Editors’ Choice: Why We Need to Encrypt The Whole Web… Library Websites, Too

Creative Commons image by Patrick Hoesly via Flickr

The Patron Privacy Technologies Interest Group was formed in the fall of 2014 to help library technologists improve how well our tools protect patron privacy.  As the first in a series of posts on technical matters concerning patron privacy, please enjoy this guest post by Alison Macrina.

When using the web for activities like banking or shopping, you’ve likely seen a small lock symbol appear at the beginning of the URL and noticed the “HTTP” in the site’s address switch to “HTTPS”. You might even know that the “s” in HTTPS stands for “secure”, and that all of this means that the website you’ve accessed is using the TLS/SSL protocol. But what you might not know is that TLS/SSL is one of the most important yet most underutilized internet protocols, and that all websites, not just those transmitting “sensitive” information, should be using HTTPS by default.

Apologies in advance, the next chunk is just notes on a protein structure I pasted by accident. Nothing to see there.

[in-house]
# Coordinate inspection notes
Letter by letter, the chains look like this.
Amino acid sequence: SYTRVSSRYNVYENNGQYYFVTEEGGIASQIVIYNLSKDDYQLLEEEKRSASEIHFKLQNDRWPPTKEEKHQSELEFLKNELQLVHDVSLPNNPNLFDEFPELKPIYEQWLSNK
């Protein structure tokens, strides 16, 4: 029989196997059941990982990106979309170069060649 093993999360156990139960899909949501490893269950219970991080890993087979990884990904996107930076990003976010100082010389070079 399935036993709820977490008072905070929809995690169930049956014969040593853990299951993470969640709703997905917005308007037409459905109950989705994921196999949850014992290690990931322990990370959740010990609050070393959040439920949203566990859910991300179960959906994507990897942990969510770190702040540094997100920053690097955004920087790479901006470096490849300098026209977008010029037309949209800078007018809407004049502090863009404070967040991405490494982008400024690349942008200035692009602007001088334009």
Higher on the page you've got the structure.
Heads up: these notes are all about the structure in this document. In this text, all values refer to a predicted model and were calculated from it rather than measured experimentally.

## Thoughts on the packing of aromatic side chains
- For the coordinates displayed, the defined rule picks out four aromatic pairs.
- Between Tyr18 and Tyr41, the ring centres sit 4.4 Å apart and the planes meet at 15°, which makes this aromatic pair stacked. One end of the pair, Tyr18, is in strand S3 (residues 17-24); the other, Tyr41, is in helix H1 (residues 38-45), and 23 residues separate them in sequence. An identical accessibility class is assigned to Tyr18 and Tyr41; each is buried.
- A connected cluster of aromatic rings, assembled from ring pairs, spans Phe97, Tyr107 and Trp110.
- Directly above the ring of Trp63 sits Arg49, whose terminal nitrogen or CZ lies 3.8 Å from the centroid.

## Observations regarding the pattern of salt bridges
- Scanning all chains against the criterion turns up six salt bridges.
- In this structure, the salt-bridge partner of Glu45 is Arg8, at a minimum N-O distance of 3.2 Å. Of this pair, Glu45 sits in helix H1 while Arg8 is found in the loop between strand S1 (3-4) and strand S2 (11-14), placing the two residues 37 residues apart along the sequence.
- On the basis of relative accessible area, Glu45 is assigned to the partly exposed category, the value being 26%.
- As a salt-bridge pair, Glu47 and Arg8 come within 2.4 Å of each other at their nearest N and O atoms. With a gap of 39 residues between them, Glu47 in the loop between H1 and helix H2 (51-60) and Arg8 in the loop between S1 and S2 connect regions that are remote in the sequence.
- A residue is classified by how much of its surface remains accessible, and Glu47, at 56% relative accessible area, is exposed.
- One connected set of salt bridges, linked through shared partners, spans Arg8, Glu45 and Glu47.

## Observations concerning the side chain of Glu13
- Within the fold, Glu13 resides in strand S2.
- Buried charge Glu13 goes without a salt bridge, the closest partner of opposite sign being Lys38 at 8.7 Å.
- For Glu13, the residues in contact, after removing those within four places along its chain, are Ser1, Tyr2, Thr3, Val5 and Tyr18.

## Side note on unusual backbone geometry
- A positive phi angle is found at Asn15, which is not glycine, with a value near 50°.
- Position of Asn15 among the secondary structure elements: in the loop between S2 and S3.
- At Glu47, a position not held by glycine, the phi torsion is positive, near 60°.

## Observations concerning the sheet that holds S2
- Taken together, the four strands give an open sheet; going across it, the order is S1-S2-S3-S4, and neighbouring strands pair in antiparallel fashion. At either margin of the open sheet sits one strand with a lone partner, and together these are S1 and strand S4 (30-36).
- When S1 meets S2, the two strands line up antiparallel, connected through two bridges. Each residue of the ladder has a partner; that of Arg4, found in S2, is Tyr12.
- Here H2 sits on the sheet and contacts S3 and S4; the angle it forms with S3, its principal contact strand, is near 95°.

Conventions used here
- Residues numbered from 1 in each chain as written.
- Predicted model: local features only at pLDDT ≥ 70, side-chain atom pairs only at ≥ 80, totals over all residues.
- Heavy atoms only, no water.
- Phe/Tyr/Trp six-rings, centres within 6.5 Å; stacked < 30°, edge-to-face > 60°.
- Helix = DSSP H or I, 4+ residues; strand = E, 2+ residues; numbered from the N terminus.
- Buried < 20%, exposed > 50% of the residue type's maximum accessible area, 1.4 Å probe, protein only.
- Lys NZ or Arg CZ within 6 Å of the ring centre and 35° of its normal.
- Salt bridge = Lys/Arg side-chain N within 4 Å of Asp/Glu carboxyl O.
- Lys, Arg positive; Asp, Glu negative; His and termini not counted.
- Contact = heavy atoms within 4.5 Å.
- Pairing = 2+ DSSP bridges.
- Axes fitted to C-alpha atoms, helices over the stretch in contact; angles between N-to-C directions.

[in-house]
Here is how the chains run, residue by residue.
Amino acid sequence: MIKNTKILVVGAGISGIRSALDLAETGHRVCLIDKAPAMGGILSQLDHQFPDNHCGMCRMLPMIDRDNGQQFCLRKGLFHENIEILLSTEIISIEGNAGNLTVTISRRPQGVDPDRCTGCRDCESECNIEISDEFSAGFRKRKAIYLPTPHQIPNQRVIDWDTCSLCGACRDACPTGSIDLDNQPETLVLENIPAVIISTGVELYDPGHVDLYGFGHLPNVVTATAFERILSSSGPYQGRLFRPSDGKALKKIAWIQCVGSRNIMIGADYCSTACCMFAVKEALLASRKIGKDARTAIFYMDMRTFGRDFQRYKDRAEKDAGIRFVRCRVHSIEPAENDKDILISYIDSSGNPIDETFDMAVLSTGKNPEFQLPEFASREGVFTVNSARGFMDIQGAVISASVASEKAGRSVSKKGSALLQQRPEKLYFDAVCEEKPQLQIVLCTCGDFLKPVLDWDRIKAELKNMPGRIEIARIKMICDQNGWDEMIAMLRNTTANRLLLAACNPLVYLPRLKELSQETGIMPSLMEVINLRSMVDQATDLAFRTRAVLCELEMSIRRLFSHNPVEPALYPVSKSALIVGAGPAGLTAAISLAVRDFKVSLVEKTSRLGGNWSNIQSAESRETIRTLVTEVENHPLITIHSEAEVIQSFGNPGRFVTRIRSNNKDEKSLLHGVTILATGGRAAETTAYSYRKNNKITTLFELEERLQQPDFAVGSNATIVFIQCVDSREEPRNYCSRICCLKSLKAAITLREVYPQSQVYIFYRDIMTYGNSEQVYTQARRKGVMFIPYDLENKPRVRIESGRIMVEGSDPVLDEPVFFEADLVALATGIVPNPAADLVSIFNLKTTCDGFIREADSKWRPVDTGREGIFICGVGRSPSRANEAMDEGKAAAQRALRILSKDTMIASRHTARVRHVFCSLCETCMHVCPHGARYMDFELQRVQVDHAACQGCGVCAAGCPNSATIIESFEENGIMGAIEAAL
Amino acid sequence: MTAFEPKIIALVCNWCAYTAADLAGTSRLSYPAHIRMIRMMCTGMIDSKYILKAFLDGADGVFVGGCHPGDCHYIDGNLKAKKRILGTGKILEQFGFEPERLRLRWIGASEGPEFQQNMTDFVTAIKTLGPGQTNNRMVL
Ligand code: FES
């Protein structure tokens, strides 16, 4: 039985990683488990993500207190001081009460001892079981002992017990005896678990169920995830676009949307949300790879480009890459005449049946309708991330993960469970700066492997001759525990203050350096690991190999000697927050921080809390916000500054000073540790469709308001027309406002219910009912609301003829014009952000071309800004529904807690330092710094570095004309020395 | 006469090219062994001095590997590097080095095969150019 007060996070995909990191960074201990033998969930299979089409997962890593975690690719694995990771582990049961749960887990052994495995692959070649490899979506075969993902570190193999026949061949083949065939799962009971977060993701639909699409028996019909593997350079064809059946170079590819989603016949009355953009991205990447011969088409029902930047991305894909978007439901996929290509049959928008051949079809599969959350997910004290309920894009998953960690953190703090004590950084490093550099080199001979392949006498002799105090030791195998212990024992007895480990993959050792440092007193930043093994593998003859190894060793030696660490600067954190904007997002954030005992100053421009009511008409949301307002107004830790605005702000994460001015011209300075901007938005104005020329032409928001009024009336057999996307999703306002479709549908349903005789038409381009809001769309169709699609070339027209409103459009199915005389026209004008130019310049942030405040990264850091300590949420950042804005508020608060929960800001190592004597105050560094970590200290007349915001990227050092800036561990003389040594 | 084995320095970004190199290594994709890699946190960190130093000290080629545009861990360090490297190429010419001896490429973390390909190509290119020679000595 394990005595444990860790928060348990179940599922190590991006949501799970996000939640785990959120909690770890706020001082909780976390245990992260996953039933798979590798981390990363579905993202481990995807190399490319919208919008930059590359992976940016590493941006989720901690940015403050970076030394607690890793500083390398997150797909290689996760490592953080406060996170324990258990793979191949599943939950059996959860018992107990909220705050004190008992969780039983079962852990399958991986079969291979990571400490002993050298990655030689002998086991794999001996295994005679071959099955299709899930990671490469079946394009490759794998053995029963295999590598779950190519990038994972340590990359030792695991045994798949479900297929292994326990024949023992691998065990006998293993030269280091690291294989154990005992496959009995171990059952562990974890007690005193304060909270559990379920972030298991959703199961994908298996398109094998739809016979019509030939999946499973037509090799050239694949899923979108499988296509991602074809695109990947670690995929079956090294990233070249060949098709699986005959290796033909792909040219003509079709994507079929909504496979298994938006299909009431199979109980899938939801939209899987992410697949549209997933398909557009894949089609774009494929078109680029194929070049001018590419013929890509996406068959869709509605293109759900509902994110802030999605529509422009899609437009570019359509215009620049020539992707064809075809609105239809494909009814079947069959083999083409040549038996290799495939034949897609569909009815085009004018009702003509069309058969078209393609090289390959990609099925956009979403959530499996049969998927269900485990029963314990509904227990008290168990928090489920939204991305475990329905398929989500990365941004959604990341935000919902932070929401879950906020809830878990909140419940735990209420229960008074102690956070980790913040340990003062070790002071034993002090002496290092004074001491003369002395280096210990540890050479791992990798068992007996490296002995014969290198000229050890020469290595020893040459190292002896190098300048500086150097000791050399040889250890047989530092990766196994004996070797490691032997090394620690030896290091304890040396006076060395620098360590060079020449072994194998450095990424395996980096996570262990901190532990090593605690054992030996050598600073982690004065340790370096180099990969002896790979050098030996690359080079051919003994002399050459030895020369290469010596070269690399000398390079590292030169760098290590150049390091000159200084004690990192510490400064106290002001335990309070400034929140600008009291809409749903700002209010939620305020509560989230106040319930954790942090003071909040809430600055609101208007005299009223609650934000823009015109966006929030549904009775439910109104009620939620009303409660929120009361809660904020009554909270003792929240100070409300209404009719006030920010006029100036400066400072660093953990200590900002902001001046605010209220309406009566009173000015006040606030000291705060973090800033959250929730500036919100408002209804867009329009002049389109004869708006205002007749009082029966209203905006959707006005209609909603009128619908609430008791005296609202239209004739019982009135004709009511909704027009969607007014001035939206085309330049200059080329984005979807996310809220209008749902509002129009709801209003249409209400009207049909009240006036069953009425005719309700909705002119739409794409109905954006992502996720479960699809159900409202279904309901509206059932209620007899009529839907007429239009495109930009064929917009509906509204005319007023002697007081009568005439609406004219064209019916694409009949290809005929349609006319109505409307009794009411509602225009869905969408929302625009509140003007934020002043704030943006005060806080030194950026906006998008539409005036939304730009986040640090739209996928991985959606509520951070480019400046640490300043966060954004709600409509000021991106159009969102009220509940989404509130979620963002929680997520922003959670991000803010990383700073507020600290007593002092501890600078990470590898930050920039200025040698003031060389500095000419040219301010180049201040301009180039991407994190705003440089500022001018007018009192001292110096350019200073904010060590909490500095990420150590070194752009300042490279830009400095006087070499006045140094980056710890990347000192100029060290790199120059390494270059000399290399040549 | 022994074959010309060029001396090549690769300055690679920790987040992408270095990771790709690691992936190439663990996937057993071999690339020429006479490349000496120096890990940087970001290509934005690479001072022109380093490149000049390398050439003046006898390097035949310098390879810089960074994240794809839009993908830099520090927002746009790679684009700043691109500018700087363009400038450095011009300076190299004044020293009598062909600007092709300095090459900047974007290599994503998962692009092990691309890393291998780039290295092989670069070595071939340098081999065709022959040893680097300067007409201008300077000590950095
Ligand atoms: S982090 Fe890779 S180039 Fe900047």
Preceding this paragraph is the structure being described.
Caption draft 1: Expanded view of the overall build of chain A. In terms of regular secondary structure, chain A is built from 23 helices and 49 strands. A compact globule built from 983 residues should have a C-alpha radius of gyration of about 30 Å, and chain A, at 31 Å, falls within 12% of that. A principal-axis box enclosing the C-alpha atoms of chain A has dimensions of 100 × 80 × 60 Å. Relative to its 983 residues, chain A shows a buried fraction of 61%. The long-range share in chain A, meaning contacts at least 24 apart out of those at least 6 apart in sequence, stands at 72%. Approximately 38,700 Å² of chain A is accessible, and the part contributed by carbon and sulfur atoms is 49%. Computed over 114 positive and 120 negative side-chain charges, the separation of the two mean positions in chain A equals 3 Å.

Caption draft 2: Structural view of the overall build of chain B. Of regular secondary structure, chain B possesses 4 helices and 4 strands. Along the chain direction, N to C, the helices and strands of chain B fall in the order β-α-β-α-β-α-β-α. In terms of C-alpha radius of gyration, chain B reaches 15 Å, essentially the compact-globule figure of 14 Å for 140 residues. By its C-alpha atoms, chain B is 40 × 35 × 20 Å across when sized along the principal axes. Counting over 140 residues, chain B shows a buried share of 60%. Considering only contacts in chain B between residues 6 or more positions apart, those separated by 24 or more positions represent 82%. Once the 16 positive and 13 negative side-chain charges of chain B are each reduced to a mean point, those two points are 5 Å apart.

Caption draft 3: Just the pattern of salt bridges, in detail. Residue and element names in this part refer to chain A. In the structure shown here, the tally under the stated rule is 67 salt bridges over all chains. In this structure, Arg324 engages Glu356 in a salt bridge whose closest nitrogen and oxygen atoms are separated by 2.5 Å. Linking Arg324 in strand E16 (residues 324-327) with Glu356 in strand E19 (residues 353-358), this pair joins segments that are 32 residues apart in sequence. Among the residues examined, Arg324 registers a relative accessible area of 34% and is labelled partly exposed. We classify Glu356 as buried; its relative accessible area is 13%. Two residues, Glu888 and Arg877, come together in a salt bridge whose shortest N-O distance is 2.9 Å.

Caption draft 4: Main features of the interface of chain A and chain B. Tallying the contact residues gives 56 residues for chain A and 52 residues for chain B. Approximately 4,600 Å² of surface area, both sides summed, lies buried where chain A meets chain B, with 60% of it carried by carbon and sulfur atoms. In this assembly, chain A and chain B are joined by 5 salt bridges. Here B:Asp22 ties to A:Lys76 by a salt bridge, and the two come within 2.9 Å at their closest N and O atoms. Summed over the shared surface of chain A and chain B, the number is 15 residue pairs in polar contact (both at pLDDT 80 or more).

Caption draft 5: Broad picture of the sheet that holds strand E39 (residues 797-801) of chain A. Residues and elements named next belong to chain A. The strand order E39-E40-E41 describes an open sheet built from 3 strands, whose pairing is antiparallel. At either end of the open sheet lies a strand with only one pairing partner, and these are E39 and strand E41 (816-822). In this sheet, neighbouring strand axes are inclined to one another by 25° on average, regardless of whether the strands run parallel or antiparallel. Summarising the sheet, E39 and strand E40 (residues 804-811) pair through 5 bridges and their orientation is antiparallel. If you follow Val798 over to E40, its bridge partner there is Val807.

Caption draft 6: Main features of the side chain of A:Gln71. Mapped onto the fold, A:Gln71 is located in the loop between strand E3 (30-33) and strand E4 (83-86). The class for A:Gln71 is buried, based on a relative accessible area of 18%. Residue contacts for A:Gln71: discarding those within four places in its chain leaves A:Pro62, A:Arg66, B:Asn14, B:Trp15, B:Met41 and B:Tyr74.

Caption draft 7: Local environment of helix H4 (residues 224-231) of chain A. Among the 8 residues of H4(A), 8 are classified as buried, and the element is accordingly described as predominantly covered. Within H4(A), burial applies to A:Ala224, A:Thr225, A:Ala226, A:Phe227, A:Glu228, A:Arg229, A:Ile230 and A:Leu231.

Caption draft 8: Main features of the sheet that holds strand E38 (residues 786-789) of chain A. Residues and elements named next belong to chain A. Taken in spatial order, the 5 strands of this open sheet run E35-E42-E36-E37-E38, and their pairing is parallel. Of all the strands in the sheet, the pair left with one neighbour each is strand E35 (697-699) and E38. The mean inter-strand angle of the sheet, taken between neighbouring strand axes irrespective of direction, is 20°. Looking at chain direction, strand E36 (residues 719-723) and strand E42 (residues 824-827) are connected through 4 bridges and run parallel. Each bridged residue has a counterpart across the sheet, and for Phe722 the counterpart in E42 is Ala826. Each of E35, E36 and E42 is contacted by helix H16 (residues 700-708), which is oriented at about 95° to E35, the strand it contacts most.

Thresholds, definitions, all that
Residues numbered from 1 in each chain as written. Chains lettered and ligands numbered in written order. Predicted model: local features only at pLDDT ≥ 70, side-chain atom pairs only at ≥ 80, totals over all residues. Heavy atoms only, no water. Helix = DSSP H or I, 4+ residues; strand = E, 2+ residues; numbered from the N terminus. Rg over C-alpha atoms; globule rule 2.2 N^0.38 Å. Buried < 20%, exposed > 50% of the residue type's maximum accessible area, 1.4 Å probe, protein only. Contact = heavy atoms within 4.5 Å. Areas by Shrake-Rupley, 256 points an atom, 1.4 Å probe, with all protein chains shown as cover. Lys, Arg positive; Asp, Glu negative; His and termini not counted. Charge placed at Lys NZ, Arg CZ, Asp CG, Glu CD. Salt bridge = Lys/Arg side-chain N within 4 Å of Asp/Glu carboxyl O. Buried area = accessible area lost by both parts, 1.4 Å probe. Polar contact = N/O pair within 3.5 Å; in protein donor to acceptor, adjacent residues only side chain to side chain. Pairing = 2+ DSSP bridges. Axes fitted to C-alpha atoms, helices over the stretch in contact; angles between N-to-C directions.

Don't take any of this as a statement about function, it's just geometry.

Read More: LITA: Why We Need to Encrypt The Whole Web… Library Websites, Too

This content was selected for Digital Humanities Now by Editor-in-Chief Amanda Morton based on nominations by Editors-at-Large: Molly Hardy and Maria Manuel Borges